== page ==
- Lakewood-based designer Deb Culig says she never got paid for these political brochures. So she's suing.
If you are a Republican in El Paso County, you probably read the hit pieces.
The "Dan May for DA" brochure attacking his opponent John Newsome proclaims that while May was sworn in as a prosecutor, Newsome was doing his 7th grade homework.
Then there's the swipe that Linda Stahnke took at her GOP opponent Mark Cloer, in which she claims to be "Our Best Choice" to represent House District 17 in the Colorado House of Representatives. The brochure included a photo of the incumbent Cloer at the state capitol, with his feet up on a desk, ostensibly in an effort to depict him as a slacker.
And there was that catchy "Dennis Hisey for County Commissioner" brochure that identifies him as being "For the People."
In retrospect, that last one really cracked up the woman who designed the brochures, who now says she never got paid for her work.
"That's just a hoot," said Deb Culig, a Lakewood-based designer and small-business owner. Culig designed several brochures for Pearson Communications Group, an Arvada-based company that was contracted by the above-mentioned campaigns to produce brochures, billboards and other materials. After repeated efforts to collect the money owed for her design work -- including contacting several of the candidates personally -- failed, Culig filed a suit in small claims court. In the complaint, she lists Dave Pearson, owner of Pearson Communications Group, along with May and Stahnke, who lost the primary election, and Hisey, who won, as co-defendants. Culig alleges that May owes her $1,952.50, Stahnke $1,561.50 and Hisey $536.25.
"They've authorized the work, seen it, used it, and are not paying for it," Culig said. "I pay my bills, and I want the people who represent me to pay theirs.
"I am so tired of the attitude by some politicians that they are justified to do these things."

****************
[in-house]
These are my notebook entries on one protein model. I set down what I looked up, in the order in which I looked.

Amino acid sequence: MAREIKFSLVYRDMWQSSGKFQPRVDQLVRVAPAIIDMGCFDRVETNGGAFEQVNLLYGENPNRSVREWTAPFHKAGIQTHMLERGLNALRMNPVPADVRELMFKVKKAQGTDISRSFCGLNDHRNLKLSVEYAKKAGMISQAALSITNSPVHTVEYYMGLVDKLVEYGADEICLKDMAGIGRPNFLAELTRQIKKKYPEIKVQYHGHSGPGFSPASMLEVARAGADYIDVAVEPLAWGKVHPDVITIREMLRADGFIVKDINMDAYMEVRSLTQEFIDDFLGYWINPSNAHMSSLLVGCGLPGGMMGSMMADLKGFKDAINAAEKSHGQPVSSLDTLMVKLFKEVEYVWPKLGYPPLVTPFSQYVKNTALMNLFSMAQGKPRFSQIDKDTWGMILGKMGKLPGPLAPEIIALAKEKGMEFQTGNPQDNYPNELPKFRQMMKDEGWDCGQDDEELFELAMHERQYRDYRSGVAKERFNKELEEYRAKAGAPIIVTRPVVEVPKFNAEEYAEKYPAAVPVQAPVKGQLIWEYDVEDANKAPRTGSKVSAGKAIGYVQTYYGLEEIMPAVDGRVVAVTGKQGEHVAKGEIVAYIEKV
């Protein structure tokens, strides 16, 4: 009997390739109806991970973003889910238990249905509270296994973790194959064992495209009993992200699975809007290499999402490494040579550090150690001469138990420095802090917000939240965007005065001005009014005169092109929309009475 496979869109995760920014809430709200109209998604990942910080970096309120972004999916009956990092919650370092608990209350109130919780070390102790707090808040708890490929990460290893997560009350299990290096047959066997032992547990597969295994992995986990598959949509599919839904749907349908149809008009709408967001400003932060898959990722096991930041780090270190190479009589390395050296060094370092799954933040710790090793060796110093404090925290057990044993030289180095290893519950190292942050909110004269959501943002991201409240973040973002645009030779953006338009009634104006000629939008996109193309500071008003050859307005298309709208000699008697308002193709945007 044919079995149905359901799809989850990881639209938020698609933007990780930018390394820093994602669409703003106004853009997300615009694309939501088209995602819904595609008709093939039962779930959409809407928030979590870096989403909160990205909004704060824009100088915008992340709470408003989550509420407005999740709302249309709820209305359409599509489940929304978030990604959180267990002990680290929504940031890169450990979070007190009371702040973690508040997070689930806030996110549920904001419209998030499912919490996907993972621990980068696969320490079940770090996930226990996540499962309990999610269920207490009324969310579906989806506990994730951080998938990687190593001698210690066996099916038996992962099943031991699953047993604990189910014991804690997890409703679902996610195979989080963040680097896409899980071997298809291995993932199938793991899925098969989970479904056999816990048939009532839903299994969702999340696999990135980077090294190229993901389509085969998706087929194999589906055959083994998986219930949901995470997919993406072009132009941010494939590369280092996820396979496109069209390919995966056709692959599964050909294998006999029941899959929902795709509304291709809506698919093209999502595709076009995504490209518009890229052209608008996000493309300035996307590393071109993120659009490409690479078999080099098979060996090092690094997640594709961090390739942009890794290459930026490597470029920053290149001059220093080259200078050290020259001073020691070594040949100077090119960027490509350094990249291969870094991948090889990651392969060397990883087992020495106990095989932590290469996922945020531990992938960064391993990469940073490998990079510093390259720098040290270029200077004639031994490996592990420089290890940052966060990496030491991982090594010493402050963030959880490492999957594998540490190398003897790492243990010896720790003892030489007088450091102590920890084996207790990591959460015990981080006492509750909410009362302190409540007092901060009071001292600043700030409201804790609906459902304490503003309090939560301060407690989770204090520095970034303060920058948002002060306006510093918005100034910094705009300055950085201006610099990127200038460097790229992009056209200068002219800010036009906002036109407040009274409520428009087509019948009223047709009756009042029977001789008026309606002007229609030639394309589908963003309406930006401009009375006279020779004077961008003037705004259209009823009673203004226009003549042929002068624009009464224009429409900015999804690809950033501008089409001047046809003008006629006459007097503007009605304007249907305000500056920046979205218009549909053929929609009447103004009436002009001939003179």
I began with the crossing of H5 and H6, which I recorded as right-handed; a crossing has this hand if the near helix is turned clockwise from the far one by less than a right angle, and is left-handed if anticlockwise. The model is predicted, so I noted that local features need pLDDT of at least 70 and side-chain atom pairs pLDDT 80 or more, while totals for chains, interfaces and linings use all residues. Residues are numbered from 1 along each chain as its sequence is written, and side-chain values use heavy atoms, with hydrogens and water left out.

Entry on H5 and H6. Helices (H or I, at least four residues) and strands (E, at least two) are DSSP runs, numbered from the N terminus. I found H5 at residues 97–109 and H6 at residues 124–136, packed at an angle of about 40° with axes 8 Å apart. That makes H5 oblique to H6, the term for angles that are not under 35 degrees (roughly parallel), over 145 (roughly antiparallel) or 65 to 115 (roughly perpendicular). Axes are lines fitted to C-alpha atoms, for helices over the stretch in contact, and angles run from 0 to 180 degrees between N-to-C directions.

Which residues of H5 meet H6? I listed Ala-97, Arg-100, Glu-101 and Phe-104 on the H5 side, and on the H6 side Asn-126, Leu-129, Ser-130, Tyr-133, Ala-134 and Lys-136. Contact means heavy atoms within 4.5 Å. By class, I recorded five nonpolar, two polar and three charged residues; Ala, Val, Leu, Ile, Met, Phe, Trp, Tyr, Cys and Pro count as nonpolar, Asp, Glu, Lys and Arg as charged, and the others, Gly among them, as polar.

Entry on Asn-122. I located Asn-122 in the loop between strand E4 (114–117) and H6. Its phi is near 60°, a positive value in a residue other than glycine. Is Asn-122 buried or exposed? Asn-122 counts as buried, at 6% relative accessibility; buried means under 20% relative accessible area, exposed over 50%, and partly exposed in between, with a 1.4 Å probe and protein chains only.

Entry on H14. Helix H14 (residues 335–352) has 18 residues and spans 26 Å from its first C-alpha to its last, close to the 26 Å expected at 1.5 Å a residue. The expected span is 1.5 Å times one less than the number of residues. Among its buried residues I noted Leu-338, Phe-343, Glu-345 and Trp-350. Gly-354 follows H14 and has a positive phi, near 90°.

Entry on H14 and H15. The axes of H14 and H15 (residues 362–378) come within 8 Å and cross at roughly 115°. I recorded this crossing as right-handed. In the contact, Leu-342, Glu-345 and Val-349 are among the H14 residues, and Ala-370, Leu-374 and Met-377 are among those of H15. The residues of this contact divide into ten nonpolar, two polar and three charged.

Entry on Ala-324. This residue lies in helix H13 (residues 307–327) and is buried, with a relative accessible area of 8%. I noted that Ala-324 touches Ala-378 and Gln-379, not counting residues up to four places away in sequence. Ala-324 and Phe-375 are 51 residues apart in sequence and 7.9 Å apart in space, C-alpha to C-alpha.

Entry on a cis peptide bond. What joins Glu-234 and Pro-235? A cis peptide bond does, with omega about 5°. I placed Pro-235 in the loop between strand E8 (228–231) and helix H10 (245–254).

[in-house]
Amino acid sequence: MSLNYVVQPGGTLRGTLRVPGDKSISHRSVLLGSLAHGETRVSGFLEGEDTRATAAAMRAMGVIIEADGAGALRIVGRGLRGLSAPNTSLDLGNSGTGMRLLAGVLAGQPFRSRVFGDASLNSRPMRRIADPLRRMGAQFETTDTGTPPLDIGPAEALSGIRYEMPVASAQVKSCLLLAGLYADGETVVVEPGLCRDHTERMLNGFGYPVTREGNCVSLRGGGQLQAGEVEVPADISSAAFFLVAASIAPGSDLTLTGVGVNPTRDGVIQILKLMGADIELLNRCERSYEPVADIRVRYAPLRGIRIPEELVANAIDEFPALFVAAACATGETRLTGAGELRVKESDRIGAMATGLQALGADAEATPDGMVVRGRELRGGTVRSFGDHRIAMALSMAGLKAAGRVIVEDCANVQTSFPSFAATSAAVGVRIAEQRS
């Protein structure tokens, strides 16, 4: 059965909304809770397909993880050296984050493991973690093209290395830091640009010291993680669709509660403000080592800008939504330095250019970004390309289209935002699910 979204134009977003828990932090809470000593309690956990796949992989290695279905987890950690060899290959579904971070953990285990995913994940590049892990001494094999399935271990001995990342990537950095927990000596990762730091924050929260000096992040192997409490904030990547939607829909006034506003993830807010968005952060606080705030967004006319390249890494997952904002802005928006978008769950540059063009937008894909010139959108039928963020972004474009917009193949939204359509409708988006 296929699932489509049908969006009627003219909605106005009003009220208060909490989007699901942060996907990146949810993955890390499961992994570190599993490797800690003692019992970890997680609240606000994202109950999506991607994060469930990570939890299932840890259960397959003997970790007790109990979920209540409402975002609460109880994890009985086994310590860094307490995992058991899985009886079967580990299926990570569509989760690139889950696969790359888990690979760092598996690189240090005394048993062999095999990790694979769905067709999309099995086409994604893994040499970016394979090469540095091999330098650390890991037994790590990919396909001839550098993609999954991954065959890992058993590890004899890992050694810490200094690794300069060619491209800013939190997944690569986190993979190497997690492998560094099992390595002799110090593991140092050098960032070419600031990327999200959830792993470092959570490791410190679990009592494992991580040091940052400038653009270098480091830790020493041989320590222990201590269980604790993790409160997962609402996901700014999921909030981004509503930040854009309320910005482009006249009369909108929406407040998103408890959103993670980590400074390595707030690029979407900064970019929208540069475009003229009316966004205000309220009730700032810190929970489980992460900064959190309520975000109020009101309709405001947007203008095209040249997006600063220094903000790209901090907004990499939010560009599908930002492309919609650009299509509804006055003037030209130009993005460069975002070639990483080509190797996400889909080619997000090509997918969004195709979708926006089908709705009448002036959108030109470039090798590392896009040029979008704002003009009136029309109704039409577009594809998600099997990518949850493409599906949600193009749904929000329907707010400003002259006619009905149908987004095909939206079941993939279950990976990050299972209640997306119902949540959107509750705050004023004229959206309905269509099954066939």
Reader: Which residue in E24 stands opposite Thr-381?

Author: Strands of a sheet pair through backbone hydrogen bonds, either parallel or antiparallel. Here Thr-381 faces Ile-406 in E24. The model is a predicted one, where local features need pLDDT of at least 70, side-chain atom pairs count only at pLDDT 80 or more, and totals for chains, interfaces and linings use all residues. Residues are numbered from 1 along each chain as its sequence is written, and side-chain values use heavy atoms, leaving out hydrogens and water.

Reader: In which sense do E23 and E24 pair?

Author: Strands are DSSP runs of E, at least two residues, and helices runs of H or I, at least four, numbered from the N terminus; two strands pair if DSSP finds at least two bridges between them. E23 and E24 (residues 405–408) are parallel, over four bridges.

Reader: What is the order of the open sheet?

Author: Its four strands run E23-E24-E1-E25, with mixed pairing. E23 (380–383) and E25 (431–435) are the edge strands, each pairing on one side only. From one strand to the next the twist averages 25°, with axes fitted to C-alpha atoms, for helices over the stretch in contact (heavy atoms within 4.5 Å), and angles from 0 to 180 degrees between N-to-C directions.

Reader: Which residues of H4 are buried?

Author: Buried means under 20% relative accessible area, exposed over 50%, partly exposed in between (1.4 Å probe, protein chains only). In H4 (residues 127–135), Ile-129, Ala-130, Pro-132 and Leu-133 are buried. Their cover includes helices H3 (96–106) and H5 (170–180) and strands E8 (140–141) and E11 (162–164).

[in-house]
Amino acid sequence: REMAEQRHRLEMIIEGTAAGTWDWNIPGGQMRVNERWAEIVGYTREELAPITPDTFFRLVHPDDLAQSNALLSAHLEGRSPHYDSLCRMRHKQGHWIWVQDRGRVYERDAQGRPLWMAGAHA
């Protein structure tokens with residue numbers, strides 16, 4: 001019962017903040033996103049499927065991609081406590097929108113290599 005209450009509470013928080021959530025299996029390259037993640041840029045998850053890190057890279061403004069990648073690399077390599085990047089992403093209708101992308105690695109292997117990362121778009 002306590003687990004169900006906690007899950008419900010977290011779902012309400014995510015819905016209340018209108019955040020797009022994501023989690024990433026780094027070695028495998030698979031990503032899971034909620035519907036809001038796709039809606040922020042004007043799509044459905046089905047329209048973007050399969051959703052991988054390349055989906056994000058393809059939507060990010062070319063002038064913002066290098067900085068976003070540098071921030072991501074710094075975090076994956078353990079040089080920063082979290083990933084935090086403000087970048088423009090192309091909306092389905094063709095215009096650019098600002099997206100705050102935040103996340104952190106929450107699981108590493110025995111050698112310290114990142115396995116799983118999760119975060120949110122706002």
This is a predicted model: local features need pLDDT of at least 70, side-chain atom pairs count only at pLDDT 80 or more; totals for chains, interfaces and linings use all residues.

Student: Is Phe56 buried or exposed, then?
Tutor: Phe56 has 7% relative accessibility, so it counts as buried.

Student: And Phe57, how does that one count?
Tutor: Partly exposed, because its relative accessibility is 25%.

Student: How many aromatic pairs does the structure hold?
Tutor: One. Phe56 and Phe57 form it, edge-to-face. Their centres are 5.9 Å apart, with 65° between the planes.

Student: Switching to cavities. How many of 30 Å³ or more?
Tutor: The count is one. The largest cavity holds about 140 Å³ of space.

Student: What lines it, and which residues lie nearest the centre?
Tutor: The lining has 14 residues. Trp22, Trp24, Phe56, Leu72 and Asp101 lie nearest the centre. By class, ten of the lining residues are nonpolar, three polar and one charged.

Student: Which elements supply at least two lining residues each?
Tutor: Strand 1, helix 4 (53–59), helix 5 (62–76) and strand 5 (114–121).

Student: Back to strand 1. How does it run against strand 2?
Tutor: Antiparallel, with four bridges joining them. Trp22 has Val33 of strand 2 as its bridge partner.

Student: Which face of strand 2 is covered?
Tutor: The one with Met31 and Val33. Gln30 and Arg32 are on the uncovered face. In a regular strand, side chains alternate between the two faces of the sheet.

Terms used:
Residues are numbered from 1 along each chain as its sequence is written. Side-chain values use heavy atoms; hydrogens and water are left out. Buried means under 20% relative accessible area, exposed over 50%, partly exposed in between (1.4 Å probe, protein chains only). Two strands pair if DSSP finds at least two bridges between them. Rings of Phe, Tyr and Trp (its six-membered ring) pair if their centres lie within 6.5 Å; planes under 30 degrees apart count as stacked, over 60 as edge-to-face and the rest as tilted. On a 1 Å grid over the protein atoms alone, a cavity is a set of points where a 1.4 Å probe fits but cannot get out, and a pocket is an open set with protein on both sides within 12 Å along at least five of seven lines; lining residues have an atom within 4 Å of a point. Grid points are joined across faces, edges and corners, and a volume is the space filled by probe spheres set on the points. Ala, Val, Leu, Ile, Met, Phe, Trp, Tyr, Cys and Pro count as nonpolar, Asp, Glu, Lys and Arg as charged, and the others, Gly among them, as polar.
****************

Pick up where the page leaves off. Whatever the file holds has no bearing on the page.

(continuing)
Culig is not alone. Marty Soudani, owner of Wizbang Solutions, a Commerce City-based company that printed the brochures, says he has also gotten the shaft. He says that May owes him $2,116.41, Stahnke owes him $2,481.24 and Hisey's outstanding balance is $1,202.50. Soudani just launched his small business on June 14.
"I have no ill will towards anyone; I just want my money," Soudani said. "I'm a small business owner who is fighting to start a new company and the first thing that happens is I get burned for thousands of dollars. It's a terrible way to start a company.
"I did the work, we did a great job, the product came out great, they used it and we did not get paid."
Unlike Culig, Soudani has not filed a lawsuit in an effort to collect. He is waiting to see how Culig's claim plays out. So here's what we've got so far: Culig, who was subcontracting for Pearson, says she tried to get him to pay. Those efforts failed. So she contacted the candidates, who either didn't return her phone calls or informed her "it has been taken care of." Culig's lawyer finally advised her to sue everyone and let the courts sort it out. So she did.
Culig hired the El Paso County Sheriff's Office to serve subpoenas on the three candidates. They reported back to her that their efforts to serve a summons on May, the assistant district attorney and second in command who works less than a block away from the sheriff's headquarters in downtown Colorado Springs, had failed. "They said they couldn't find him," Culig said. The other subpoenas were successfully served.
Culig was subsequently notified that Bob Gardner, a Colorado Springs attorney, former head of the local Republican Party and political operative who volunteered on the campaigns of the three candidates, is now representing all three in the lawsuit against them. Gardner has since been granted a request that the matter be transferred out of small claims court to the Jefferson County court, which removes May from this proceeding (Culig will now have to decide whether to sue May separately). An initial hearing has not been scheduled.
May and Stahnke did not return calls seeking comment. Nor did Pearson, who had been hired to produce the brochures. However, in a telephone interview this week, Hisey recalled his version of events. During his primary campaign, Hisey said a "meltdown of sorts" occurred; deadlines were missed and the prices for the brochures came in higher than their initial quotes.
Hisey recalled receiving a phone call from Culig that rankled him. "I got a call from Deb [Culig] and she explained who she was and said if I didn't pay right now she would file suit. I had never gotten an invoice and I don't respond real well to threats; maybe it's a genetic deficiency.
"I do know," Hisey said, "that if this campaign owes anybody money, we will pay it."
Hisey said that Gardner offered to represent him for free. In an interview this week, Gardner declined to discuss the details of the case, other than to note that "none of those campaigns have ever had a contractual agreement with Ms. Culig."
For her part, Culig concedes that she was not hired directly by the campaigns; her agreement was to provide design work for Pearson -- on behalf of May, Stahnke and Hisey. After 27 years working in media graphic designing, Culig says this is the first time she has been so burned.
"They're treating me like I'm the bad guy in all of this," she said. "I'm a small-business person and this is a lot of money for me."